Theory of Cryptography

Volume 5444 of the series Lecture Notes in Computer Science pp 109-127

Proofs of Retrievability via Hardness Amplification

  • Yevgeniy DodisAffiliated withDepartment of Computer Science, New York University
  • , Salil VadhanAffiliated withHarvard School of Engineering & Applied Sciences and Center for Research on Computation and Society
  • , Daniel WichsAffiliated withDepartment of Computer Science, New York University


Proofs of Retrievability (PoR), introduced by Juels and Kaliski [JK07], allow the client to store a file F on an untrusted server, and later run an efficient audit protocol in which the server proves that it (still) possesses the client’s data. Constructions of PoR schemes attempt to minimize the client and server storage, the communication complexity of an audit, and even the number of file-blocks accessed by the server during the audit. In this work, we identify several different variants of the problem (such as bounded-use vs. unbounded-use, knowledge-soundness vs. information-soundness), and giving nearly optimal PoR schemes for each of these variants. Our constructions either improve (and generalize) the prior PoR constructions, or give the first known PoR schemes with the required properties. In particular, we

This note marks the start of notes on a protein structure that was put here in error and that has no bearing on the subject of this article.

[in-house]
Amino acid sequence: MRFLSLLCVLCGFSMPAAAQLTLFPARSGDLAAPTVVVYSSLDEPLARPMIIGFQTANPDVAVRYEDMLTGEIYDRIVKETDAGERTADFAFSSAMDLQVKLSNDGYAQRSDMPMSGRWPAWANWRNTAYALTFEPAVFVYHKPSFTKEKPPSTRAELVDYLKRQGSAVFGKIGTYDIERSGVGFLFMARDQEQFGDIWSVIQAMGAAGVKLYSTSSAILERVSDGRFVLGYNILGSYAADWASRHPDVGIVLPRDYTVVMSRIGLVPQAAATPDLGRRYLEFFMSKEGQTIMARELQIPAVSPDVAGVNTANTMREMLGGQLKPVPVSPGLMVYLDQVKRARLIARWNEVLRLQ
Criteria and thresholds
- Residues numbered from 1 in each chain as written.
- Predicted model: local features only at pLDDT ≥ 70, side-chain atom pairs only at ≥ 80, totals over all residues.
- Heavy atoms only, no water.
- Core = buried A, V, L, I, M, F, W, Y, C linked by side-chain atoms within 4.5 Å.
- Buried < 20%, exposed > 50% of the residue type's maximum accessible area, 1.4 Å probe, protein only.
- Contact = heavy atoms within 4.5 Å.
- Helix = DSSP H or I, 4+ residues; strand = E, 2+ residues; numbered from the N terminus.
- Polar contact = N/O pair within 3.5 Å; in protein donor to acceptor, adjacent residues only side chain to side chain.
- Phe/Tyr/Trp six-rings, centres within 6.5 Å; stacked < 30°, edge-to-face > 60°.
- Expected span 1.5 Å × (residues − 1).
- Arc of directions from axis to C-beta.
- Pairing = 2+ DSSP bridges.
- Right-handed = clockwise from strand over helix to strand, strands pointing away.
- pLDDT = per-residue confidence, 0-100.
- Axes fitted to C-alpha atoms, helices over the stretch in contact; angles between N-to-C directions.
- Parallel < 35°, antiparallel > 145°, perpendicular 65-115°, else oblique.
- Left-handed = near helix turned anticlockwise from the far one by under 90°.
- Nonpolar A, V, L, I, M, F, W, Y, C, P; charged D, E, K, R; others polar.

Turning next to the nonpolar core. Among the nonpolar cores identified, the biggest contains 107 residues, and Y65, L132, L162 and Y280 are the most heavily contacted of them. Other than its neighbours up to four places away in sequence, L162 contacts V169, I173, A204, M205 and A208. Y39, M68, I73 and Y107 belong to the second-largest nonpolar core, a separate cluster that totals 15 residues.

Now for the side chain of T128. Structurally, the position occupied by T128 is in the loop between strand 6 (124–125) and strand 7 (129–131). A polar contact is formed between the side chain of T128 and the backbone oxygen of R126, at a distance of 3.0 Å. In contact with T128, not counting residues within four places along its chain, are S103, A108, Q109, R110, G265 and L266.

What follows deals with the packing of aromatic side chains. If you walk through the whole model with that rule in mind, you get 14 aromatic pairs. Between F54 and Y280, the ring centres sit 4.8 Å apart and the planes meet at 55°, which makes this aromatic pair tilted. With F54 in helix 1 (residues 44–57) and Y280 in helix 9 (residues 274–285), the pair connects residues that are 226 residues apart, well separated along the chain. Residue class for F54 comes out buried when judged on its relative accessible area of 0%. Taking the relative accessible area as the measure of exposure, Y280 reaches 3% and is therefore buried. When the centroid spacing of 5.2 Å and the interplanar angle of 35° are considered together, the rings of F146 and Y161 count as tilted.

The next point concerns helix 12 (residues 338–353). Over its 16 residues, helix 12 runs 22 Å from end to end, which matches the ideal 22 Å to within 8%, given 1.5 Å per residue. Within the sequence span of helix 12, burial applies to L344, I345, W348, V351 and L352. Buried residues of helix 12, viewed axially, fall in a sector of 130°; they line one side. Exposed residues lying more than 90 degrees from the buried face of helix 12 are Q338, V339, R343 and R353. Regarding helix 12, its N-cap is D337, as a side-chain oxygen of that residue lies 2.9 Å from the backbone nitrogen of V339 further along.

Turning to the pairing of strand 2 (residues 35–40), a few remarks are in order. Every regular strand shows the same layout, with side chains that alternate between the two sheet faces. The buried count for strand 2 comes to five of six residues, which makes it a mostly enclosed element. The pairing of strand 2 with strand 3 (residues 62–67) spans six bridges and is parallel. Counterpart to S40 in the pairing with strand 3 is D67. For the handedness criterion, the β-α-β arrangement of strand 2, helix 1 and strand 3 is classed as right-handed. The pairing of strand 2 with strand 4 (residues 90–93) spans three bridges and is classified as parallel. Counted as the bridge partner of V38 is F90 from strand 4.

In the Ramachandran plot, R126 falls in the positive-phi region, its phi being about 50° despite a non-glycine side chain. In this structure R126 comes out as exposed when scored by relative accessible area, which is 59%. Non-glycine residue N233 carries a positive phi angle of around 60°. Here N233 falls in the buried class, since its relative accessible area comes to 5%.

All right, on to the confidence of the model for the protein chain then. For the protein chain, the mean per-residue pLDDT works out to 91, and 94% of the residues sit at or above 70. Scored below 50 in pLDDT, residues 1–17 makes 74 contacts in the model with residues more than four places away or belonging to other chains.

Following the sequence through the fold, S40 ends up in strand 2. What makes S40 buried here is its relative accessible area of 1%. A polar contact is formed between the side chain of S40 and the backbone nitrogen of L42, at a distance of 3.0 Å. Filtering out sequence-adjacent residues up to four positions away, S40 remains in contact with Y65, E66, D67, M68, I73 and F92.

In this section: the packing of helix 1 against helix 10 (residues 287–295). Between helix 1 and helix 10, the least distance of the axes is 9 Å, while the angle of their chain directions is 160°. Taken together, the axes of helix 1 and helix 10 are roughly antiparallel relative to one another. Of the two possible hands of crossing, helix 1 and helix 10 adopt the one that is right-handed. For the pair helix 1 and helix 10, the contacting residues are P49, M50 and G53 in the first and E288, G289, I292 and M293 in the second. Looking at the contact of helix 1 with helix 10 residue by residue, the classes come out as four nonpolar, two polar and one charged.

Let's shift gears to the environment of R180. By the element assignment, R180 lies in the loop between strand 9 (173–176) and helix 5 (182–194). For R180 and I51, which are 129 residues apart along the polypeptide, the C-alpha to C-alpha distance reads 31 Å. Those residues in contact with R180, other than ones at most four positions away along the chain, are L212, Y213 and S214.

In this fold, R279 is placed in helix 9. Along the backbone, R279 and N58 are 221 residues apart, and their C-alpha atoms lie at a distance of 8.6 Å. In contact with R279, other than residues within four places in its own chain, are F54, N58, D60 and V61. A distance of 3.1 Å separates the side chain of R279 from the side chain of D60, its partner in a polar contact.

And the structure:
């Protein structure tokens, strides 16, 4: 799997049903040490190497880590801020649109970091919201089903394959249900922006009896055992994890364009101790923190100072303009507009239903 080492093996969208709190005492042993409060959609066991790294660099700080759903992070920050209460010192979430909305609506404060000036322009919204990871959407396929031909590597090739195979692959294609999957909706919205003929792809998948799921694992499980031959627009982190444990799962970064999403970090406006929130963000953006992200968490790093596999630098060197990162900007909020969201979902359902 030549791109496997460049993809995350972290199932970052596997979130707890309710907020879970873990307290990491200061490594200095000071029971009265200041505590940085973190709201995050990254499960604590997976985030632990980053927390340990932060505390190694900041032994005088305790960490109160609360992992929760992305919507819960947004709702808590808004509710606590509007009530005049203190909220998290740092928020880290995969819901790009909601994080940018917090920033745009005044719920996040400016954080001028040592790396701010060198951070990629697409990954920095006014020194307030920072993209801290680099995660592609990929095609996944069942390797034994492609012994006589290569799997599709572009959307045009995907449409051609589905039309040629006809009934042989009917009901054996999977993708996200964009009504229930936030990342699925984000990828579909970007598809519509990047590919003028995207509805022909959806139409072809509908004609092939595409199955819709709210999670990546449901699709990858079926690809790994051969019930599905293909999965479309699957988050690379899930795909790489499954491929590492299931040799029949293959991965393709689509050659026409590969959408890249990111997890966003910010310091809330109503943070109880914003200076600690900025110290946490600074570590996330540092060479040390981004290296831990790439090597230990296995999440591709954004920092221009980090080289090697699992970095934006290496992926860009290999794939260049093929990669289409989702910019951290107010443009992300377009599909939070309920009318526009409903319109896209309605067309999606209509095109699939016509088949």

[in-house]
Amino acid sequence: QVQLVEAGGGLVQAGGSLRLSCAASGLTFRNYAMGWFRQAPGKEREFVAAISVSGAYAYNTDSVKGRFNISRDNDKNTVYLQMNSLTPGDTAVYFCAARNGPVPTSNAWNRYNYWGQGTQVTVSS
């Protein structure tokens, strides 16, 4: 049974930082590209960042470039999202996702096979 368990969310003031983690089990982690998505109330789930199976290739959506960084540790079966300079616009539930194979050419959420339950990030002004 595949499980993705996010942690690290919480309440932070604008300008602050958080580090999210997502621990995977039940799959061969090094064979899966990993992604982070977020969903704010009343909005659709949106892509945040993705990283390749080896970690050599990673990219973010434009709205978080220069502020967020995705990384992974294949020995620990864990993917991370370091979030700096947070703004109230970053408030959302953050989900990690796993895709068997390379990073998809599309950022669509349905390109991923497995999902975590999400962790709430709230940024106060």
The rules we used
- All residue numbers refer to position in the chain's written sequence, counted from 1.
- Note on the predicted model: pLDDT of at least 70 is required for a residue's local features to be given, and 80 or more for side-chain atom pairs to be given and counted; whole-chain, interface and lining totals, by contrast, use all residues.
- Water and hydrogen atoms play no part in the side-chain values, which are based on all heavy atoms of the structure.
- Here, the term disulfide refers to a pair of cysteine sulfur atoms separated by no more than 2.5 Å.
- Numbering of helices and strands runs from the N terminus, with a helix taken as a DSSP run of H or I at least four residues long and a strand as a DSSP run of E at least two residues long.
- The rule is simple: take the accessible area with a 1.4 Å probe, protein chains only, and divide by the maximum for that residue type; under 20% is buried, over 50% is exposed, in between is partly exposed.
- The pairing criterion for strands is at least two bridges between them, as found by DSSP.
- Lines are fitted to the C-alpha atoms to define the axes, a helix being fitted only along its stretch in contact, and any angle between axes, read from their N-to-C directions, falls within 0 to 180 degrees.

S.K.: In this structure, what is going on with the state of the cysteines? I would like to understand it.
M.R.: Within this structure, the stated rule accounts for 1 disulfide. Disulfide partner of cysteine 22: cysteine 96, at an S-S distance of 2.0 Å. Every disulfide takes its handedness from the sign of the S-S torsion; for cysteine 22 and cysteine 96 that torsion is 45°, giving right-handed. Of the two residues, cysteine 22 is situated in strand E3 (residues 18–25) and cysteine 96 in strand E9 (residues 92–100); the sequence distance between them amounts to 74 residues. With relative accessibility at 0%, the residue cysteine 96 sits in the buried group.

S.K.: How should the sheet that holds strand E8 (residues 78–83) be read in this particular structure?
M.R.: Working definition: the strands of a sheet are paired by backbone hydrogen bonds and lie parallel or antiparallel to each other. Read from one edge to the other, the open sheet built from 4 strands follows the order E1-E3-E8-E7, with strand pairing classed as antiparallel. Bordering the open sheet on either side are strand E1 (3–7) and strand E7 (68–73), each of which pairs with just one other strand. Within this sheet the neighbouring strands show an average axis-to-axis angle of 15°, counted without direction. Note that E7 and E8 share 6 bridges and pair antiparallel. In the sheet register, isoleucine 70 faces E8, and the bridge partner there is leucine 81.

• Formally prove the security of an (optimized) variant of the bounded-use scheme of Juels and Kaliski [JK07], without making any simplifying assumptions on the behavior of the adversary.

  • Build the first unbounded-use PoR scheme where the communication complexity is linear in the security parameter and which does not rely on Random Oracles, resolving an open question of Shacham and Waters [SW08].

  • Build the first bounded-use scheme with information-theoretic security.

The main insight of our work comes from a simple connection between PoR schemes and the notion of hardness amplification, extensively studied in complexity theory. In particular, our improvements come from first abstracting a purely information-theoretic notion of PoR codes, and then building nearly optimal PoR codes using state-of-the-art tools from coding and complexity theory.